FedScoop welcomes qualified guest columns, comments and news tips from executives and experts in the government, technology and contracting community.
If you're interested in contributing, please keep the following in mind:
FedScoop delivers breaking news and original analysis for and about federal IT decision-makers and influencers. Our staff reporters and editors focus primarily on how agencies are acquiring, developing and using technology to improve their internal operations and the services they deliver to the public. We also report on technology developments that are likely to have an impact on the $85 billion civilian and defense agencies spend annually on IT.
Together with our DailyScoop email newsletter, FedScoop reaches approximately 90,000 chief and senior IT, program and financial decision-makers and influencers in the federal government IT community, including executive branch departments and agencies, the White House, Congress and industry.
If you have credible and verifiable information about changes in policies, personnel, procurements, or decisions regarding the use of IT at federal agencies, please contact our Chief Editor Shaun Waterman at firstname.lastname@example.org, or one of the members of our Editorial Team. We will consider not-for-attribution and background-only information if necessary and agreed upon upfront.
We prefer guest columns from current or recent federal agency executives, technology experts or thought leaders familiar with the issues and challenges facing government IT leaders on matters of IT policy, procurement, management, workforce or innovation. We also look for articles that provide fresh insights or spark community discussion on a given topic.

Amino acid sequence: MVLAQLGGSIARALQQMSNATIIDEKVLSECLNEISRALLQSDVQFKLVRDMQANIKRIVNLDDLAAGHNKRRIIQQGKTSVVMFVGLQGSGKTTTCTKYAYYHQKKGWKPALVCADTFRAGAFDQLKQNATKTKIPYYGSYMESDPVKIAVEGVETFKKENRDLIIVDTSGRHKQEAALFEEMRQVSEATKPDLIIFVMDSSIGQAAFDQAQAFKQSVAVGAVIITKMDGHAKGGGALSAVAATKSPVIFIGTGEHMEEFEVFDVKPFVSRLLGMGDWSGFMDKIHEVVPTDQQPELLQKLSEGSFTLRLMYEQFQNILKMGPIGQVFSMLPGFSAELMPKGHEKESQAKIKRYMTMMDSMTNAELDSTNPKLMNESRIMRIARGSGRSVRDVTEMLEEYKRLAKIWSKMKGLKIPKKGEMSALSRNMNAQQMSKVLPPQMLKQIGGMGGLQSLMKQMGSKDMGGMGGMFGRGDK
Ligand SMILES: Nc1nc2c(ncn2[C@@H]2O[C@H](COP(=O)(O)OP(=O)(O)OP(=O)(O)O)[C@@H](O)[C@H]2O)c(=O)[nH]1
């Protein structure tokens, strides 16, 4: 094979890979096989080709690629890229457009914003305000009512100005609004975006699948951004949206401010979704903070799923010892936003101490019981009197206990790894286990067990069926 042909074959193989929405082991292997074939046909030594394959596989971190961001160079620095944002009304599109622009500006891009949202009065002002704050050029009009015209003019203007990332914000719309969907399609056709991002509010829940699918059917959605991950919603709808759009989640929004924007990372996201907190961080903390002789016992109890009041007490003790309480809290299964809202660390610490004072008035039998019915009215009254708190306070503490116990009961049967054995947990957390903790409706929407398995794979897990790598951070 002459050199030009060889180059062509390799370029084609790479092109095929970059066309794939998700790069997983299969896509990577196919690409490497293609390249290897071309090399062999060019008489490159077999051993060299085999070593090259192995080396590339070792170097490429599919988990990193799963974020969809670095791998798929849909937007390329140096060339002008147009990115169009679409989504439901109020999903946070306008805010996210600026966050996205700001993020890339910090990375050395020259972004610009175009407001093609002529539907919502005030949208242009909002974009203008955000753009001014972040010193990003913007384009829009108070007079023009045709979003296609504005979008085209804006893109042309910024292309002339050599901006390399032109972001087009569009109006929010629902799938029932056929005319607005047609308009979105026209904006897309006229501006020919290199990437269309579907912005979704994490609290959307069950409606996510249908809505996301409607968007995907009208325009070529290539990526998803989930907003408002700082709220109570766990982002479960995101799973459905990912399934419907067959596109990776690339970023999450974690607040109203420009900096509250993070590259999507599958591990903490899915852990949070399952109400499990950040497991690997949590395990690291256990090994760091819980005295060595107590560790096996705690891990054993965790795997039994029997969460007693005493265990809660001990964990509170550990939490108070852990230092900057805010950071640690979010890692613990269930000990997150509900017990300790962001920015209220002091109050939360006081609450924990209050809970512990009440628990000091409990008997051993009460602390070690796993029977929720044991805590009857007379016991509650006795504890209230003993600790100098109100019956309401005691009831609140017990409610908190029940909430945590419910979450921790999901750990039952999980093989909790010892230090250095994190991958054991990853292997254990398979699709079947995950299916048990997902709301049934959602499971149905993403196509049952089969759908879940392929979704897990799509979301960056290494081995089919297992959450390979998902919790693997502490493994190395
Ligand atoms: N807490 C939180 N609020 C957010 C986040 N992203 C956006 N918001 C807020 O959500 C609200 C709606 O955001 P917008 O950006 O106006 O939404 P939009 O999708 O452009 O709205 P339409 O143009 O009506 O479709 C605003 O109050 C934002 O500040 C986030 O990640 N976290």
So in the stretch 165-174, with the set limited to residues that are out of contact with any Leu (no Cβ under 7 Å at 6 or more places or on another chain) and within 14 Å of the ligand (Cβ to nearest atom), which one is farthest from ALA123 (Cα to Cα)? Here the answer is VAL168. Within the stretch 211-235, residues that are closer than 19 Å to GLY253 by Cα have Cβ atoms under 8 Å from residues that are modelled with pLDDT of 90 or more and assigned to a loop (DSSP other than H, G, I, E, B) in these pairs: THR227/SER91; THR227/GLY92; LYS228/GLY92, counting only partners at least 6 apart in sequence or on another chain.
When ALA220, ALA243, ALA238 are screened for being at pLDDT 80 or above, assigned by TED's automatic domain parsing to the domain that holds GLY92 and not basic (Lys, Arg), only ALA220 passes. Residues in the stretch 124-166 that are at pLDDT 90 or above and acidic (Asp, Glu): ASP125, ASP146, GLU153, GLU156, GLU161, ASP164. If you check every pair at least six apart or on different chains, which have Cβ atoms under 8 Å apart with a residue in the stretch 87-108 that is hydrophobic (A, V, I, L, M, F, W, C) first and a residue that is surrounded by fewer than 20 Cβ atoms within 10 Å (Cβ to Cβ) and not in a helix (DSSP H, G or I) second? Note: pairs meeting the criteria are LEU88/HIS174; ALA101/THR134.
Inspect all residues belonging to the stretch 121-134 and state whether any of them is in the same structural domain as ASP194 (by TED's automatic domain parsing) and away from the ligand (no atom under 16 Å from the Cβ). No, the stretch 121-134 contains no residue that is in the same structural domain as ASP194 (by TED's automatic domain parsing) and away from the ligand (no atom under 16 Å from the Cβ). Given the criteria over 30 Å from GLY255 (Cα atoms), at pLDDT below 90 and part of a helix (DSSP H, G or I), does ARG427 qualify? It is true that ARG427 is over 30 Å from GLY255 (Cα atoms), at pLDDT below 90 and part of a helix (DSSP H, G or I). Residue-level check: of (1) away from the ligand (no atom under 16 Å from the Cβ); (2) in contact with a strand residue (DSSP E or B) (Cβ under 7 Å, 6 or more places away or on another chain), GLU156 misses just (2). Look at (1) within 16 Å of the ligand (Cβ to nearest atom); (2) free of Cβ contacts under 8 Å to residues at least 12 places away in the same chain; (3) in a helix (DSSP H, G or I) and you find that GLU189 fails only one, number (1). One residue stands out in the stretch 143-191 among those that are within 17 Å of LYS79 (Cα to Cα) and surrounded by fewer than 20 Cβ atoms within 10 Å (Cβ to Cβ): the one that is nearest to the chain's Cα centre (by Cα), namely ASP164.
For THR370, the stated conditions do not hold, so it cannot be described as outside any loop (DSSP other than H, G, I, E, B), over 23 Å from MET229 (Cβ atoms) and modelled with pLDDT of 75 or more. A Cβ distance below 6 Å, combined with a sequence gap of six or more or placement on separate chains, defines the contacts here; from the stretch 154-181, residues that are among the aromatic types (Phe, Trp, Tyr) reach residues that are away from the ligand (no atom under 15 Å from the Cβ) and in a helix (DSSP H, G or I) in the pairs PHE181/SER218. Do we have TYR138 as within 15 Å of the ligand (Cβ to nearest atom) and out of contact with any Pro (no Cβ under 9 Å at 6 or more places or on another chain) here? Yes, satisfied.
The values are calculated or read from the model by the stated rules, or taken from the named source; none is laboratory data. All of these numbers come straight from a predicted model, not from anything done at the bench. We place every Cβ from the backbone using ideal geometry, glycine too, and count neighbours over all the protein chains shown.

Executives or technology experts wishing to contribute a commentary article for publication on FedScoop should send an email to FedScoop’s Chief Editor Shaun Waterman at email@example.com, proposing in a couple of paragraphs what they wish to write about – and why they believe their article would be of compelling interest to our readers.
The articles of guest columnists will feature the author’s byline, a thumbnail photograph and links to a brief biographic profile on FedScoop and to the writer’s social media and email contacts.
All contributed articles are subject to editing and review by FedScoop’s editorial staff and upon publication, become the copyrighted property of FedScoop, its parent, Scoop News Group and its affiliated properties.
Guest Contributor Writing Guidelines
Once we've agreed to proceed with a contributed article, here are some recommended writing guidelines to keep in mind:
- Keep it relevant to our audience. FedScoop reaches top executives and IT leaders across the federal government IT community. Keep their mission, business and management needs in mind as you write your opinion column.
- Focus on a single topic and get to the point. Readers are busy and will decide within seconds whether to keep reading. Tell readers quickly what you are writing about, why they should care and your conclusion on the matter, ideally in 500 to 750 words.
- Say something fresh or insightful. FedScoop endeavors to give our readers new and distinctive insights and perspectives they haven't already seen in other media outlets. So try to bring a fresh, even contrarian, perspective to what you write.
- Write in your voice. Contributed articles should read like an essay or opinion column, not a white paper or commercial pitch. Provide a distinct and personal point of view.
- Provide concrete, real-world examples. Illustrate your point(s) with specific examples. Avoid generalities. The more you can share examples drawn from your own or our readers' professional experiences, the more readers can relate to your message.
- Be practical. Be accurate. What actions should readers take? What are the specific lessons to be learned? Don't just theorize. Check that facts are accurate.
- Consider writing about technology challenges and mistakes, not just successes. Our readers live in the same imperfect world you do and will appreciate lessons learned from mistakes as well as successes.
- For vendors: Avoid a sales pitch. Articles may address common problems and suggest categorical solutions, but avoid statements like "…and here's how our product can help."
FedScoop’s editorial staff will review your completed article, provide feedback and recommended edits, and give contributors a chance to approve final changes prior to publication.
Readers are also encouraged to add their perspective and comments to our articles using the commenting section below each story. Readers must register initially with our third-party comments application provider but may chose whatever display name they wish. All comments are moderated by our editors.
For more information, contact our Chief Editor Shaun Waterman at firstname.lastname@example.org.